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We Give Thanks for Ramen, Wreck Dives, and No More Kava

Dark or white meat? Green bean casserole or yams? Garlic mashed potatoes with gravy or stuffing? Pumpkin pie or vanilla ice cream? One helping of each please; to start. We wish. Such a plethora of options were not sitting on our table. Rather, it was ramen noodles or… ramen noodles. “Ash, would you like some baked beans?” I inquired. “It is either that or tasteless BBQ chips,” I told her gently. Ah, Thanksgiving in the South Pacific. We were really missing home.

BVIs - RandomWe started our day by awaking to the numerous animals at the Motel Blue Pango on Vanuatu’s Efate Island. I put the kettle on the stove, prepared coffee, and we read novels as the surf crashed in the background. Finally, 1:00pm rolled around and we headed for Nautilus Dive Shop. After the required four pages of release forms, we were headed out to sea. While diving the Konanda wreck, we were afforded the rare opportunity to witness Plymouth colonists and Wanpanoag Indians share a feast together. Maybe it was the depth of 80 feet that blurred our vision. We did have an underwater tea party complete with barnacles and seaweed.

The divemaster, Paul, was nice enough to invite us along for an excursion into a small Vanuatu village to taste kava. Kava is a popular drink throughout the Pacific including Hawaii and comes from the root of the namesake plant. The beverage is always consumed in the evening prior to dinner then followed by rest as the main effect is a relaxed feeling. We were to meet at the Port Vila Casino at 6:00pm, but of course we arrived at 6:15pm and they were long gone. I was quite bummed, but decided that the Cincinnati Bengals never give up so I shouldn’t either. Thus, we flagged down a minibus ($1.00 each way) and headed for Pango Village, a town of 2,400 souls including squatters living in the forest. The friendly driver directed us to a shack with a faint red light on top, indicating they had kava prepared.

Kava Down the Hatch Kava Bar

We meandered into the sand floor “bar” and surveyed the situation. Four men were shooting pool as we made our way to the corner where a young gentleman sat with a red bucket and several small bowls. “Two 50 vatu bowls,” I said. And with that, he handed us two cups of the dark green substance. We sipped the peculiar drink like hot cocoa until a friendly local named Samuel befriended the two clueless gringos. SamuelAfter both complaining of numb tongues, he instructed us on the proper way of drinking the local beverage: you chug it down then spit the remnants in the sand. The pungent drink could not be described as delicious. Maybe awful is a better adjective.  Not wanting to offend our hosts, we marched along. Samuel went on to tell us about Vanuatu’s rich culture then guided us to another kava bar, this one serving a more potent elixir. Outside the establishment, sixty men (local women are not allowed to drink kava) sat in the shadows, smoked cigarettes, and spit. We patronized two additional kava bars before saying goodnight to Samuel. I wanted to send him our photo together, but he didn’t have an email address. So he came by the Motel Blue Pango the next morning and dropped off his mailing address. If just one half of the globe’s population were one half as beautiful as the average Vanuatu citizen, the world would be in great shape.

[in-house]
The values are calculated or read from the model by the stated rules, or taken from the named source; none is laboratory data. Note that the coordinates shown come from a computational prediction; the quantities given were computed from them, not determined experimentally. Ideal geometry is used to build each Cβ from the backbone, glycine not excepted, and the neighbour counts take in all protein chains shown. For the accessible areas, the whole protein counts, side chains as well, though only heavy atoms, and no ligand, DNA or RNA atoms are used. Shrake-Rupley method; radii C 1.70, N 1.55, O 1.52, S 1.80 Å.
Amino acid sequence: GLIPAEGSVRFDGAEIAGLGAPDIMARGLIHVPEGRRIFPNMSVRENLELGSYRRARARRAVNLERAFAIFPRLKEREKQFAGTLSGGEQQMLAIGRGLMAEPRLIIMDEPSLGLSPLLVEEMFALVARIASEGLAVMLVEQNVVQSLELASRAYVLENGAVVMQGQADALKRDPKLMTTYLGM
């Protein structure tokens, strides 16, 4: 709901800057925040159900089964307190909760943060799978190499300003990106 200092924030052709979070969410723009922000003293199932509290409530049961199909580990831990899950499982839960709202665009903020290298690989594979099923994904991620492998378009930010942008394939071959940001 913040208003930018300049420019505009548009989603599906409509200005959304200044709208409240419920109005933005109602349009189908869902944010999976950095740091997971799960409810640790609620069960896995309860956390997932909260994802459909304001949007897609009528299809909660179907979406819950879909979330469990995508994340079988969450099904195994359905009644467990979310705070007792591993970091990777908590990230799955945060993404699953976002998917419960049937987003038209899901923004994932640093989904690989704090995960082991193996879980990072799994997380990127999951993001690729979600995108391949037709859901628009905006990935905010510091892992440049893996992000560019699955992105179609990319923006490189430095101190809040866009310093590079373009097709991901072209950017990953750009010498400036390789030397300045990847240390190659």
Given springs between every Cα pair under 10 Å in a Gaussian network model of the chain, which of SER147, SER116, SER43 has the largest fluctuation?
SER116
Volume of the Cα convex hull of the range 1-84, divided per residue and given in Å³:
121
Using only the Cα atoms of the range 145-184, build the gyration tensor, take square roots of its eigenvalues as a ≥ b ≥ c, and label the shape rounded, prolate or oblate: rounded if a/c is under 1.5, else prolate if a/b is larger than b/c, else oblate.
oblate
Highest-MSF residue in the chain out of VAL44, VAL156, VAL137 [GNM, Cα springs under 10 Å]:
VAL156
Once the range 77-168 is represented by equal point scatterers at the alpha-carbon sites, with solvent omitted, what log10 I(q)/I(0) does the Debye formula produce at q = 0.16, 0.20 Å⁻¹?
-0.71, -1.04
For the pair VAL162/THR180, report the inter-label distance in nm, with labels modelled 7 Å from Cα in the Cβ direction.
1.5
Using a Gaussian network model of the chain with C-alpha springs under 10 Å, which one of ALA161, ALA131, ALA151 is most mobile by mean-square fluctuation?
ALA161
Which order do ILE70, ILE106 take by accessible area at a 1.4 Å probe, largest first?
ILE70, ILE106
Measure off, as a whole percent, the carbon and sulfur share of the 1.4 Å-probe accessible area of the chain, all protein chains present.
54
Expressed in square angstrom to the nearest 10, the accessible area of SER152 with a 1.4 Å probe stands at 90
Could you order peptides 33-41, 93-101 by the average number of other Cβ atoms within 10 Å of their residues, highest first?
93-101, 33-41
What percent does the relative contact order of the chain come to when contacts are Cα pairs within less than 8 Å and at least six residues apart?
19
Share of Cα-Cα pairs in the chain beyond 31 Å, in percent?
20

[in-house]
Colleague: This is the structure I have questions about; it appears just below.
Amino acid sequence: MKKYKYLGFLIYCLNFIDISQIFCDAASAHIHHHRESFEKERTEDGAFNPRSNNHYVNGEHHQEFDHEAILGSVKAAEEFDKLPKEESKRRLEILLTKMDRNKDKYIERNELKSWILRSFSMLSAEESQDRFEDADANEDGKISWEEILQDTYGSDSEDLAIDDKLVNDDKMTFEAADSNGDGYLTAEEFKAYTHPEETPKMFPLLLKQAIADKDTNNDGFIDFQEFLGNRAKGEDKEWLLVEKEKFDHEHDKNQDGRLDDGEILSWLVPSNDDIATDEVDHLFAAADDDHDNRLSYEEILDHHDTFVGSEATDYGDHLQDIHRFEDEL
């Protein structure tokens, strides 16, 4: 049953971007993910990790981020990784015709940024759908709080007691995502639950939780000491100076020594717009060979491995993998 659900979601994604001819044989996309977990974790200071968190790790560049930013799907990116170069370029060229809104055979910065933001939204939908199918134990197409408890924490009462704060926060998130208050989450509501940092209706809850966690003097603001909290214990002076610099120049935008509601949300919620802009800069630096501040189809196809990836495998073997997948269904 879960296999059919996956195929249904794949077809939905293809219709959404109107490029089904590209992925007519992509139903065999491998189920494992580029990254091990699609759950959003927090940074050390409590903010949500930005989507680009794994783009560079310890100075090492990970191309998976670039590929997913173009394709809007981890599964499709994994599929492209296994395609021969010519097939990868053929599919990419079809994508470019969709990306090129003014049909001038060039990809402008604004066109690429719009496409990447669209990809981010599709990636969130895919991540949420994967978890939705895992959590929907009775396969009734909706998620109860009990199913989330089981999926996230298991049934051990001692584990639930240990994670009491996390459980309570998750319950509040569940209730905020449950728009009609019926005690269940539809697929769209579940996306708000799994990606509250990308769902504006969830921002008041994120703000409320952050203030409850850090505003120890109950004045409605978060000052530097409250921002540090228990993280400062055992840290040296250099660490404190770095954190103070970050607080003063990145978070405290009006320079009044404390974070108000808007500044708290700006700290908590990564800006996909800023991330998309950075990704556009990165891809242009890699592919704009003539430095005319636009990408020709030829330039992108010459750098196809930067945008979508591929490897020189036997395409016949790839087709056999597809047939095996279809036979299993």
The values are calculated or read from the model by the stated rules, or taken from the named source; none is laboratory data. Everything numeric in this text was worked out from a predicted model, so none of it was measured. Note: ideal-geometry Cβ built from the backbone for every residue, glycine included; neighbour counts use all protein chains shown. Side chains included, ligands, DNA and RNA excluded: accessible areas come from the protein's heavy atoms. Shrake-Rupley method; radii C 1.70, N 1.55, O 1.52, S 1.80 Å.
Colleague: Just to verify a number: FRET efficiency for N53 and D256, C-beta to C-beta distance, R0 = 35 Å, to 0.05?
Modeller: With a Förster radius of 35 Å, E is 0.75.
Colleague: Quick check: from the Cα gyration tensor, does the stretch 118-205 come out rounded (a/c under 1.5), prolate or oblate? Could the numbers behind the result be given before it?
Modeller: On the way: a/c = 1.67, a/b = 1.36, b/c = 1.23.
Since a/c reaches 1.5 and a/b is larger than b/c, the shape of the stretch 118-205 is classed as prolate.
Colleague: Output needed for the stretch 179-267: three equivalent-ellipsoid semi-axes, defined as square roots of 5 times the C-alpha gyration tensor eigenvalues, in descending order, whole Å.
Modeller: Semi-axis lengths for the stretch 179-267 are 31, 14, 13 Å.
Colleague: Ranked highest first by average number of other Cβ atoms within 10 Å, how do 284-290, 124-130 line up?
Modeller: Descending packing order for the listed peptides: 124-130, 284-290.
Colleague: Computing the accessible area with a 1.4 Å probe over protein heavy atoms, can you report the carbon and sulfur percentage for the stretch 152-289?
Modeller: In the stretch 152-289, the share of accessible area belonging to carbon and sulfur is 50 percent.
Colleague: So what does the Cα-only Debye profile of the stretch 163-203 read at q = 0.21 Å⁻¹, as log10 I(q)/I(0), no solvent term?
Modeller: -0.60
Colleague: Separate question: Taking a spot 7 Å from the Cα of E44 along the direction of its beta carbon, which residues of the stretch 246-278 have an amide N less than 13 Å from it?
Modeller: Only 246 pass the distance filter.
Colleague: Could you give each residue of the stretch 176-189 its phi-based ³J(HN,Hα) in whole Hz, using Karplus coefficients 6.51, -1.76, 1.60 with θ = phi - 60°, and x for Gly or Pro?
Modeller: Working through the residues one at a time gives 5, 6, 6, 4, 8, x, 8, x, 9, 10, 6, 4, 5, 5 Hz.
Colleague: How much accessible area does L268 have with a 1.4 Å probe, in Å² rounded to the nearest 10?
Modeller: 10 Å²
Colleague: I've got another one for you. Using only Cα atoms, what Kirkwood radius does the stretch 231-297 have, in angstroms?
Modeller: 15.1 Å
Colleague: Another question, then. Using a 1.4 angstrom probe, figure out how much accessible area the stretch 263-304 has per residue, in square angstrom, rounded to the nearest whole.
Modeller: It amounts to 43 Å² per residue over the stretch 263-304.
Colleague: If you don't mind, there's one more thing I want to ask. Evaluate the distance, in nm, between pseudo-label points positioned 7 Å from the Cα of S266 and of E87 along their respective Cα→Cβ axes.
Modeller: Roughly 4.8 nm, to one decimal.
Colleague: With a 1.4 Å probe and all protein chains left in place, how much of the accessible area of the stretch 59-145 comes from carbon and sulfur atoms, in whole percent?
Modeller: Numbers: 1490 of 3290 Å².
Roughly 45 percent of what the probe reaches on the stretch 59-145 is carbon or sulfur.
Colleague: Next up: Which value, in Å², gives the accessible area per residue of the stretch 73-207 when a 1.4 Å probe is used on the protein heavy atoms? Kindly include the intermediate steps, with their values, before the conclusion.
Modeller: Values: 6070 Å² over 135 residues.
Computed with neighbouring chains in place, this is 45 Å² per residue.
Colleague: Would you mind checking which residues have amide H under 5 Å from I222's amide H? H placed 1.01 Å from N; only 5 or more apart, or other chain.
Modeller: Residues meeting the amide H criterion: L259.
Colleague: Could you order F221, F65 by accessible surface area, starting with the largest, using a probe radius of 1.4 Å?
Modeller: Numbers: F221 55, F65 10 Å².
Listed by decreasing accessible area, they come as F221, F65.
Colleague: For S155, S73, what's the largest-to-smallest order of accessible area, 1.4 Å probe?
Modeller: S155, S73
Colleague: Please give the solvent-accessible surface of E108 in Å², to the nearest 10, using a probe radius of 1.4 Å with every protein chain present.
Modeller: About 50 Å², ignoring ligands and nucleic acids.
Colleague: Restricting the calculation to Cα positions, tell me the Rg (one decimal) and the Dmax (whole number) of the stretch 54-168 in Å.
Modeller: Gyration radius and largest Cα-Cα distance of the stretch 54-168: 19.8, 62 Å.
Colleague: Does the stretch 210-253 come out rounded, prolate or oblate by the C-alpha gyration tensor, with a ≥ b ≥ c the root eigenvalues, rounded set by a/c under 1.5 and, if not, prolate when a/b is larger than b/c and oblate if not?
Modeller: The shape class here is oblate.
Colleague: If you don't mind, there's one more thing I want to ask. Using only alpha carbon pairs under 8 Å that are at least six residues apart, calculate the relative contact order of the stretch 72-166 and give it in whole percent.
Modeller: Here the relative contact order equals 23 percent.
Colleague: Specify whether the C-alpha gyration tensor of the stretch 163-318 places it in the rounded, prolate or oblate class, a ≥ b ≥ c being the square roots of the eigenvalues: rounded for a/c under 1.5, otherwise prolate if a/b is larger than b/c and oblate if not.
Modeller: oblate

By now the kava had Ashley and I relaxed and wanting to rest. But it was Thanksgiving! So I whipped up the traditional meal. Traditional meal of backpackers that is: ramen noodles and baked beans. Did I mention we were missing home? We did our best to stay busy and not imagine the smells of freshly baked turkey. But this won’t be a Thanksgiving we will soon forget. Both of us are thankful for everything in our lives. Principally our friends and family. And thankful kava won’t be on the menu next year.

If the above story has bored you to death, let’s hope this major motion picture will raise your heartbeat. After reviewing the short film below, Ashley exclaimed, “this is so Greg.” You be the judge.

Gobble Gobble Gobble.

- Greg

Learn From Our Footsteps:

  1. View taxis on Vanuatu’s Efate Island like the plague. Opt for the minibuses with a red “B” on the license plates instead. They cost about 10% of a taxi and will get you to the same destination in a similar amount of time. Plus, they are everywhere and easy to flag down.

  2. Prepare to pay island prices for everything (see expensive). The only cheap item in Vanuatu is beef, its main export.

Mendoza & Malbecs

“The discovery of a wine is of greater moment than the discovery of the constellation. The universe is too full of stars.”  – Benjamin Franklin

Malbec Anyone?As the snow fell in Patagonia, Ash was pining for the warmth of Argentina’s wine country. After all, she put Mendoza in the corner of her brain long ago. We flew back to Buenos Aires, boarded the subway bound for the Retiro depot, and bought an overnight bus ticket. Thirteen hours and one game of Spanish Bingo later, we were in the land of malbecs. A French grape by origin, imitated in California, perfected in Argentina.

Eager to get on with it, we canvassed the downtown area of Mendoza for a tasting room as the bodegas (Argentina’s term for vineyards) lie in the foothills of the Andes away from the city. Sadly, the few we found were prohibitively expensive for our budget. Perhaps the greeter at The Vines mistook for us as well-to-do travelers with silk cocktail dresses and dinner coats because she revealed a deal at the Park Hyatt of all places. Not wanting to miss a chance to show off my zip-off pants at a ritzy hotel, we cleaned up for a rare date. To say Ashley was pumped would be an understatement.